It’s all about money! Is it really? Agile value calculation in 5 simple steps

MOMO-Value-DirectionsLet me start off with wishing you all, our wonderful readers, a healthy, happy and agile 2016 on behalf of Marijke and myself! We look forward to all the adventures, lessons, ups and downs 2016 has waiting for us! We’ll gladly share many of them with you!


Making choices.. Struggles of everyday’s life. Small choices like deciding between a cheese or ham sandwich for lunch (although some – like Marijke – might argue these are in fact the most important ones…). Big ones like struggling between buying a new house or saving for that dream trip around the world. No matter big or small, we always manage to make a choice. Somehow our brain is able to ponder between the options and inspire us to choose for the “better” one. How does that work? What defines “better?” And how can we use that in our professional struggle to choose between projects, products and epics?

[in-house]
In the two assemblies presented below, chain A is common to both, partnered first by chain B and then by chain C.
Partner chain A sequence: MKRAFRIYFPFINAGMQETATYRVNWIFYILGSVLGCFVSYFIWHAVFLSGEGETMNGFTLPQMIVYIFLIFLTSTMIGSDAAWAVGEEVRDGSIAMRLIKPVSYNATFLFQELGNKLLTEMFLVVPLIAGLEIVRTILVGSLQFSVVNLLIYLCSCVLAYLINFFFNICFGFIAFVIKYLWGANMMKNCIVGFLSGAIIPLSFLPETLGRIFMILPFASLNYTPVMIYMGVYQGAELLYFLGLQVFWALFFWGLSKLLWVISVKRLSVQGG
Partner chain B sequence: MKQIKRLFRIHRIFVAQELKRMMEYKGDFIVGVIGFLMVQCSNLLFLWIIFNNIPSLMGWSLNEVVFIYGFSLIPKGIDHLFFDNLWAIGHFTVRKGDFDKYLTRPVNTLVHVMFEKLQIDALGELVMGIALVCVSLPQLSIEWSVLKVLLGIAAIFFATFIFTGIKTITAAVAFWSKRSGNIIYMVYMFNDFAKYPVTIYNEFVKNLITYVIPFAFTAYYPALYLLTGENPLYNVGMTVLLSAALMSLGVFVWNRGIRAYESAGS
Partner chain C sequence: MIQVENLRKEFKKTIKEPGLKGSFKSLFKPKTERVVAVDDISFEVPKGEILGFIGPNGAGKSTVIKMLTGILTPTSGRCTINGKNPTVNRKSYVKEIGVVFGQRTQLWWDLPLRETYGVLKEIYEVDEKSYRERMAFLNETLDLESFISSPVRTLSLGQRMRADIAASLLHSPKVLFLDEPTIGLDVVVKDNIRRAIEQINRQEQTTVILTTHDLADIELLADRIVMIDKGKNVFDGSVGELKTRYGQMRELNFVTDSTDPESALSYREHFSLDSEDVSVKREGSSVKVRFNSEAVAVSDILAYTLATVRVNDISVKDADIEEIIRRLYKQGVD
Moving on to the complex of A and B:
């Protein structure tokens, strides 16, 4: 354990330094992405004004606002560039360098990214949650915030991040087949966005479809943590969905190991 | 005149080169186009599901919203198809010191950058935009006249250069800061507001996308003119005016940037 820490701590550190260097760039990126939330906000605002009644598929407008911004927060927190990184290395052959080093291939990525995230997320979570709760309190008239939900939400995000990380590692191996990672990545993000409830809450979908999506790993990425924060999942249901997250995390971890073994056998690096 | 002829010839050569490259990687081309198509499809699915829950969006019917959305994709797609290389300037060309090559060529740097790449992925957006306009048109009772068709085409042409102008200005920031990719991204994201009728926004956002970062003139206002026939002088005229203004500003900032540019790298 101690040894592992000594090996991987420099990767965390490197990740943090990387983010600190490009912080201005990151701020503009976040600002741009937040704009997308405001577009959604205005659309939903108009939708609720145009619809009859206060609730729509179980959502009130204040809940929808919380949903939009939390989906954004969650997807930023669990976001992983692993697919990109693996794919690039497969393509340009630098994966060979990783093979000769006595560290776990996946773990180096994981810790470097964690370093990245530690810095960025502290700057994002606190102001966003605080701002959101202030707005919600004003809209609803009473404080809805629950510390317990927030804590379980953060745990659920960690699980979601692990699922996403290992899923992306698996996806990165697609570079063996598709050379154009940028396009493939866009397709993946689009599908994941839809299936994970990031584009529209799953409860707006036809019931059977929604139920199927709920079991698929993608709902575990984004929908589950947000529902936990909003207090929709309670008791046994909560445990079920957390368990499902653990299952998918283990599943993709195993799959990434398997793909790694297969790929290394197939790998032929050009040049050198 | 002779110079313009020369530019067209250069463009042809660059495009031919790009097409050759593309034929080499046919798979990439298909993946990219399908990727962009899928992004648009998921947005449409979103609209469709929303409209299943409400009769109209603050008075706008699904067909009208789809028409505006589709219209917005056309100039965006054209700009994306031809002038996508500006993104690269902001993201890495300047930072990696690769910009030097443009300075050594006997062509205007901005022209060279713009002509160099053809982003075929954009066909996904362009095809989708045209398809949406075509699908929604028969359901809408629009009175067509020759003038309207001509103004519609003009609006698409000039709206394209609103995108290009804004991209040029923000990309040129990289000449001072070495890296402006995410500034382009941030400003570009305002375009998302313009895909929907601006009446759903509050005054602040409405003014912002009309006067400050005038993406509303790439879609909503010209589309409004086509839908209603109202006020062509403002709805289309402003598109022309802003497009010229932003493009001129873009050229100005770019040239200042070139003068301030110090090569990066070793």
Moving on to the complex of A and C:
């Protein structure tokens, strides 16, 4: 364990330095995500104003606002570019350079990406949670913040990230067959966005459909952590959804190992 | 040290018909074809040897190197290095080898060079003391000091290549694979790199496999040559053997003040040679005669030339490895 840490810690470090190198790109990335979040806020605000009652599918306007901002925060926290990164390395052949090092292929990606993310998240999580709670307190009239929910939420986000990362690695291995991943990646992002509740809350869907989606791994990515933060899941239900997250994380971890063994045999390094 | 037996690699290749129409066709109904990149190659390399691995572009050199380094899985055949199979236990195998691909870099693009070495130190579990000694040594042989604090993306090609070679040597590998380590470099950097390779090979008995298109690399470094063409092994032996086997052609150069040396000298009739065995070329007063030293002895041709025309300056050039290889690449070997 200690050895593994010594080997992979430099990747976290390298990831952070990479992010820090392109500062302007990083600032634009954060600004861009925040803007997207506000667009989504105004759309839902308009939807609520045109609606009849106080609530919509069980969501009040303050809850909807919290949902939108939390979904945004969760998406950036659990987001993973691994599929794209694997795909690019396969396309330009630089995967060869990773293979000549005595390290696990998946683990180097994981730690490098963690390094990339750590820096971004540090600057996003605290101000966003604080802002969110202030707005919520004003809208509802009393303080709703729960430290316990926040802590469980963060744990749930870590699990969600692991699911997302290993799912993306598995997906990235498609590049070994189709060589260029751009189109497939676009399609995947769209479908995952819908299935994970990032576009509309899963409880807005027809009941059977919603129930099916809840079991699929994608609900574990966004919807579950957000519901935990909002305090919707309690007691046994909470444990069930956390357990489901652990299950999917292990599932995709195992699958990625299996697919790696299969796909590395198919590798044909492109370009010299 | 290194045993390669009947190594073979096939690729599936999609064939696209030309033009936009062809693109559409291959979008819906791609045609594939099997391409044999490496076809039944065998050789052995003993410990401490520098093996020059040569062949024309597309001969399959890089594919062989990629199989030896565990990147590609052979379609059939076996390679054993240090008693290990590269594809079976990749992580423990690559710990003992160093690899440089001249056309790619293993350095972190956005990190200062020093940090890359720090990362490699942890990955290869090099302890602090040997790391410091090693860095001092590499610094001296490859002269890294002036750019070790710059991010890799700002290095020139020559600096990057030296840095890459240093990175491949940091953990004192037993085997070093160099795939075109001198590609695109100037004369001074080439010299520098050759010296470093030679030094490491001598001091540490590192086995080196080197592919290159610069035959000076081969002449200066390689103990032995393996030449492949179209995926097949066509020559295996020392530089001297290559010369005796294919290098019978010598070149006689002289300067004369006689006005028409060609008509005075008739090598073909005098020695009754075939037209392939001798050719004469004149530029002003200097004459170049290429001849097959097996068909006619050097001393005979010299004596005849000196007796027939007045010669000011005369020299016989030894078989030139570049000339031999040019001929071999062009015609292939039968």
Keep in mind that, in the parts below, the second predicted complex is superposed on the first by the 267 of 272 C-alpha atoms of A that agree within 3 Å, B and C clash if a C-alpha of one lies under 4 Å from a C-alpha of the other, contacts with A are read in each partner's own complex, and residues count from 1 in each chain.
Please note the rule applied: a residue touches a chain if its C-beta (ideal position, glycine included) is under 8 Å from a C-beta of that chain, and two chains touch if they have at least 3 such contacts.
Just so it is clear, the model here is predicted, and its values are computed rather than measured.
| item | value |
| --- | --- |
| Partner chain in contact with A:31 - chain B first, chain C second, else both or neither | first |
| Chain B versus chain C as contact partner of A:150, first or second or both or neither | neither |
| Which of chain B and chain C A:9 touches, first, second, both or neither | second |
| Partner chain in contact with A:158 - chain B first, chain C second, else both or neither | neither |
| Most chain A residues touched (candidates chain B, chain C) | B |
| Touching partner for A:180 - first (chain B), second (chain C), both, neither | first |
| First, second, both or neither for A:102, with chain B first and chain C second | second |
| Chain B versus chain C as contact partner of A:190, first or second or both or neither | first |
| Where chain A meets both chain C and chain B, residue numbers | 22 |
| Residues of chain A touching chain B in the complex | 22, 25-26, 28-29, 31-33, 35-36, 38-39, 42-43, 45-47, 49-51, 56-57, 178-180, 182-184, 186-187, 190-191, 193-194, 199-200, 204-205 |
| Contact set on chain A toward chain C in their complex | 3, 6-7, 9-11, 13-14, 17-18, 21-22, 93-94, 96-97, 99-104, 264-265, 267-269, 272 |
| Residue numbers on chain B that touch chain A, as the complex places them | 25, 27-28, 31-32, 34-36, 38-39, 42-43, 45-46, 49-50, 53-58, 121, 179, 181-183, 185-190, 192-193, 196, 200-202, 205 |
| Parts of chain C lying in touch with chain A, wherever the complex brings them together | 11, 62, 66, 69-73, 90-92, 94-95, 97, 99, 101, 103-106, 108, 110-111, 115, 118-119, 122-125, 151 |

Remember my post on the market place? Well, here is the promised follow up post. It’s about value. One of the key enabler of a successful market place is having a common way to calculate value. And I don’t use the word calculate in a light way. It comes down to some hardcore mathematics! In my experience, the hardest part of prioritization is that we struggle to quantify the value of an epic or a user story compared to others. We get even worse when we need to take multiple aspects into account (so not only the $$$ based traditional business case). We get blind sided by all the pro’s and cons and get lost in doing everything instead of making decisions that help us deliver value. The steps described below have worked for me, I hope they will help you too!